An effort by Pakistan's government to block its citizens from accessing YouTube yesterday caused an outage in the video-sharing website that affected most of the world.
70 Pakistani internet providers were ordered to block YouTube access because it showed cartoons which were deemed offensive because of their depiction of the Islamic prophet Mohammad, as well as trailers for an upcoming Dutch film portraying Islam as as a religion that is prone to encourage violence against women and homosexuals, the Associated Press reported.
The block was meant to cover Pakistan alone, but Pakistan's clumsy implementation meant it affected two-thirds of world's internet population, particularly in Asia, where the Google-owned service was down for about two hours starting at about 8am Monday morning New Zealand time, AP reported.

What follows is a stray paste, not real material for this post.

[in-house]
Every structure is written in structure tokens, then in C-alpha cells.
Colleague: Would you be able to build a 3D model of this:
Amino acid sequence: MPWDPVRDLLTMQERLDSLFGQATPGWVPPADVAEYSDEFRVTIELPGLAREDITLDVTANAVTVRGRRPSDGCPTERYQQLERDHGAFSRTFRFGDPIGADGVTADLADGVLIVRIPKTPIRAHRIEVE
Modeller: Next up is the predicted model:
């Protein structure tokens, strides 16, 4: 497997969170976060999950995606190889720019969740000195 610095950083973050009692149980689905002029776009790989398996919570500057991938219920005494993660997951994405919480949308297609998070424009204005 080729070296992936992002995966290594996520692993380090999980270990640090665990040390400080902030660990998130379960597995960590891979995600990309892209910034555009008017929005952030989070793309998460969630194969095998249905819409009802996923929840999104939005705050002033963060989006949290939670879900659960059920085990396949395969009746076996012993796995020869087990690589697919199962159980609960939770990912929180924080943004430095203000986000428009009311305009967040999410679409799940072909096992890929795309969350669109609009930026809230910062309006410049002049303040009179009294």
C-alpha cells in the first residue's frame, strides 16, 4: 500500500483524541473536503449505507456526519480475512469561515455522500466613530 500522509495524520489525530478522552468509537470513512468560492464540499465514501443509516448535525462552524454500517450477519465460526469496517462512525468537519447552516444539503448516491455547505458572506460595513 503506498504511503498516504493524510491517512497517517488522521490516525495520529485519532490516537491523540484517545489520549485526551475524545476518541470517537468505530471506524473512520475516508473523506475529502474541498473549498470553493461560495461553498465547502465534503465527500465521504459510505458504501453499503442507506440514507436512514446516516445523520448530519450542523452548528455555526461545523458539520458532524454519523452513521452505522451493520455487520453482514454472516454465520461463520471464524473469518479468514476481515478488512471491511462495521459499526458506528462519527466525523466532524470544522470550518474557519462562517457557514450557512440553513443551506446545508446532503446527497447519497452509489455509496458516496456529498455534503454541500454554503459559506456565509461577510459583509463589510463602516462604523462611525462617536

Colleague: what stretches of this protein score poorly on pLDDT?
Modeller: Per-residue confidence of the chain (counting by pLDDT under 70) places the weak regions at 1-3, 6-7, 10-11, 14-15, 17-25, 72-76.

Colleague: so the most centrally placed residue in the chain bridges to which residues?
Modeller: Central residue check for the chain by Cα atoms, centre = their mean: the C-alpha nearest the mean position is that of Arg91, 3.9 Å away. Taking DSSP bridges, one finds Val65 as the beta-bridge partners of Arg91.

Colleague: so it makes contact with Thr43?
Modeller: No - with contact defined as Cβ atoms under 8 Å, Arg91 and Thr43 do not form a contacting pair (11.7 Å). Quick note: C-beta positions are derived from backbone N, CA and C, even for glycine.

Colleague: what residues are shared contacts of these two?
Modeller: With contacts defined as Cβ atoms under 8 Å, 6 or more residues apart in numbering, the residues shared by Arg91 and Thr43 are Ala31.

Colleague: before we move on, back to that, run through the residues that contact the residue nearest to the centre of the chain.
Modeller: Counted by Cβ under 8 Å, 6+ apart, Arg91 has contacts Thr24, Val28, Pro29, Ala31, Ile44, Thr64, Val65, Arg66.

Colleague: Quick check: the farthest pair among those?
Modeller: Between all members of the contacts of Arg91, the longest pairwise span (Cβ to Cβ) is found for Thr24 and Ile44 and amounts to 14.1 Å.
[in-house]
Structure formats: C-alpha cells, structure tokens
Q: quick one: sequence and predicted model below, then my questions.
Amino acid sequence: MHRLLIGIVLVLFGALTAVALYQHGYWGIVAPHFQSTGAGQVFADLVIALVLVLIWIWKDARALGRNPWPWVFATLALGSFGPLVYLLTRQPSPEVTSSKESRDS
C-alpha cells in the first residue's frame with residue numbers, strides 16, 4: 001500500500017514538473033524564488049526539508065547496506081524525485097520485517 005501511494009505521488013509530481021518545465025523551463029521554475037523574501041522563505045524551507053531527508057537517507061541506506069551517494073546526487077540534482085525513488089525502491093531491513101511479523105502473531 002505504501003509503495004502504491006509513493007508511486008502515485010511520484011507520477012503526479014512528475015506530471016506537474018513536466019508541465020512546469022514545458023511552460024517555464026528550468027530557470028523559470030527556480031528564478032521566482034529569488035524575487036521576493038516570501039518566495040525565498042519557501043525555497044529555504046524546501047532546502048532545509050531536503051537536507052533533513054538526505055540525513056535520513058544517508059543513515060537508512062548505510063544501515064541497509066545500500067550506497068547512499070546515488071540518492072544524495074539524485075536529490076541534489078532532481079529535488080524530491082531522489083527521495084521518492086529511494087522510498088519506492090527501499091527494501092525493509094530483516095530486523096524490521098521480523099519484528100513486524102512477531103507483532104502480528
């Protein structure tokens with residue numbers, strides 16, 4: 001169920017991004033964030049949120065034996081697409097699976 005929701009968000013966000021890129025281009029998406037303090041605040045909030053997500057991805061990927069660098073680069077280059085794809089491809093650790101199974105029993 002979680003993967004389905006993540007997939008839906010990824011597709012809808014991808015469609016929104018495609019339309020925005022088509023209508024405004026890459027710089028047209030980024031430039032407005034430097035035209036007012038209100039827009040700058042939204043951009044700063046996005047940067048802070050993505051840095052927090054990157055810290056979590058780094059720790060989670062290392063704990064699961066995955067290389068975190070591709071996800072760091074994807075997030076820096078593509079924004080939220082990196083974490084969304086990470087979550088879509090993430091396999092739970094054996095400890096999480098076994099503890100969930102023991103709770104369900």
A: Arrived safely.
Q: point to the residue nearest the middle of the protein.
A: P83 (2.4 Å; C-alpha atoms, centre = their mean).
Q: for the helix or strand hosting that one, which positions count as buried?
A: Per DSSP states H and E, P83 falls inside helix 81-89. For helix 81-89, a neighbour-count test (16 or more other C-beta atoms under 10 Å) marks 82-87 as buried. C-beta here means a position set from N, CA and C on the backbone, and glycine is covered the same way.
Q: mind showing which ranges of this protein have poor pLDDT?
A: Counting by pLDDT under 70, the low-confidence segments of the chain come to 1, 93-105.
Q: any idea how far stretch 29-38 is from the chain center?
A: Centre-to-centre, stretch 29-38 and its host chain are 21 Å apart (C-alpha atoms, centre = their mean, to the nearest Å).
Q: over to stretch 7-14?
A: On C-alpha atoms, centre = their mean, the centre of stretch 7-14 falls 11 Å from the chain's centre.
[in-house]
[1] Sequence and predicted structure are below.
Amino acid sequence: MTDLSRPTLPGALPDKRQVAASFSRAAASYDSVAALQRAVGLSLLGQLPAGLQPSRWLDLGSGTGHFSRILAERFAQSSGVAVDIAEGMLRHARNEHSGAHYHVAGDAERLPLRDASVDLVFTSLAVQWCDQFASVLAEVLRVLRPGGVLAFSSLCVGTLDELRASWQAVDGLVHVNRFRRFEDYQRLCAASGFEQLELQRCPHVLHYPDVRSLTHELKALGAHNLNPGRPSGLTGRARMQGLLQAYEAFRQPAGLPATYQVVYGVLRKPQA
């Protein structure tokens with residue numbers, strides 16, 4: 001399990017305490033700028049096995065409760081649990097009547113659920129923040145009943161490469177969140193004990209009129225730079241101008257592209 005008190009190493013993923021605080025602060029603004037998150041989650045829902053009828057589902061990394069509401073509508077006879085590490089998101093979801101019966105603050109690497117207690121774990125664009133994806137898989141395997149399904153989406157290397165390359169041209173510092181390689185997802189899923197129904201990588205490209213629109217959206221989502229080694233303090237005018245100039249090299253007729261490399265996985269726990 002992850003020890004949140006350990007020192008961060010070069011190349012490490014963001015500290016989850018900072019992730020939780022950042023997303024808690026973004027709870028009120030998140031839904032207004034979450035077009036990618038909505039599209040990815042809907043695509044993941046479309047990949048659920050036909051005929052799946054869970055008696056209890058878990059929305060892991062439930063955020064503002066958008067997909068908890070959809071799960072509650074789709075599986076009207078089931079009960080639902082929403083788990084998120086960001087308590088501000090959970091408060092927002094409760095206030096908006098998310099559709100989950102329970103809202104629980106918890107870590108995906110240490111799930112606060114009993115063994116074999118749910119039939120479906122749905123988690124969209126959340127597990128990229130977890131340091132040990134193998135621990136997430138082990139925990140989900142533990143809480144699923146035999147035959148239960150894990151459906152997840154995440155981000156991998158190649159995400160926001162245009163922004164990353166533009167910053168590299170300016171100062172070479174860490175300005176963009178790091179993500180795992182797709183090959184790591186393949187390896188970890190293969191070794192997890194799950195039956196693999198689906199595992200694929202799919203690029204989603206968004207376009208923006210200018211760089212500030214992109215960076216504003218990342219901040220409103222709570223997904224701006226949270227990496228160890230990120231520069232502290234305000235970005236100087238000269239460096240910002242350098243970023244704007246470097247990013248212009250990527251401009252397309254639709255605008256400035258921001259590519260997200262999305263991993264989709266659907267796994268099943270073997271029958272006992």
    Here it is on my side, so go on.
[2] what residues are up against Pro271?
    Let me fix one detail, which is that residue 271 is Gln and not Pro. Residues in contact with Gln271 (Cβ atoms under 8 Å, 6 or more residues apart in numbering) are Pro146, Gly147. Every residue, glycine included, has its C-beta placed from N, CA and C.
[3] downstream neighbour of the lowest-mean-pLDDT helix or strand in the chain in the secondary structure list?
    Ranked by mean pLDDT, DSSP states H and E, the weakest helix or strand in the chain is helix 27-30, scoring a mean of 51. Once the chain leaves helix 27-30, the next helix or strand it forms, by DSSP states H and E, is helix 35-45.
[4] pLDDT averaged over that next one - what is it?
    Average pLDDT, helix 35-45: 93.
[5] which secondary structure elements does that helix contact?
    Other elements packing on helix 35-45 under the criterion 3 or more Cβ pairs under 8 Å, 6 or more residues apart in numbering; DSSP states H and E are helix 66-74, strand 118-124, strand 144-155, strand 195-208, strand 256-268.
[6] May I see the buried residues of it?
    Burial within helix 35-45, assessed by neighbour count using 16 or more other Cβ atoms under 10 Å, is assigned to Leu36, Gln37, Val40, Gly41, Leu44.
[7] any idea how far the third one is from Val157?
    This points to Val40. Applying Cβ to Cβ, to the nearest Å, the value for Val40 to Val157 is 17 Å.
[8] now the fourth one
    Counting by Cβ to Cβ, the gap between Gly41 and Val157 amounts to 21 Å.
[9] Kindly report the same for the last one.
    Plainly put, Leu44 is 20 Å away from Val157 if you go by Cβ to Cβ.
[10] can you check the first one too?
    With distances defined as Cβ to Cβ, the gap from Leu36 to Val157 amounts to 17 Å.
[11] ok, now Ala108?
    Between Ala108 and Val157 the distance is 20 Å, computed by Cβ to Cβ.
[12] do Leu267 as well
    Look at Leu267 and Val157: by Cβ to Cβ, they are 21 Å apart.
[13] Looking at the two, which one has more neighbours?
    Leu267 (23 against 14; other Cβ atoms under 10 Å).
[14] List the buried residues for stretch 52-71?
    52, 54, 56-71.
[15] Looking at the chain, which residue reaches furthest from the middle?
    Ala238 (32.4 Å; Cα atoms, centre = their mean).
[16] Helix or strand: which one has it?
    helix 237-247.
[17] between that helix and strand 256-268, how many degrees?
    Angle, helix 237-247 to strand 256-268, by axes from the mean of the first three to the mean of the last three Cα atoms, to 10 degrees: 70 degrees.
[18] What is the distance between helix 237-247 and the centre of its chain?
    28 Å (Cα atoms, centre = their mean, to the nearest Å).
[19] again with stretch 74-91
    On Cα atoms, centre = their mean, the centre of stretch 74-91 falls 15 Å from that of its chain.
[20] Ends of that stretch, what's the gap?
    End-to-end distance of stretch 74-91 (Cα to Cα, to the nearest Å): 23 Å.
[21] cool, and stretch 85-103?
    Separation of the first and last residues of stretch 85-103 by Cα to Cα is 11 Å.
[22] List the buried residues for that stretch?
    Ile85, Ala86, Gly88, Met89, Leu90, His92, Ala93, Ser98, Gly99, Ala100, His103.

There were no reports of users in New Zealand being affected.
Analysts blamed the outage on Pakistan Telecom, which sent domestic requests for YouTube data into oblivion, then published these routes to its international carrier, PCCW, one of the world's 20 largest data carriers. PCCW passed the route to other international carriers, who began directing their international YouTube requests to oblivion as well, AP reported.
The problem has raised fears about the security and reliability of the global internet.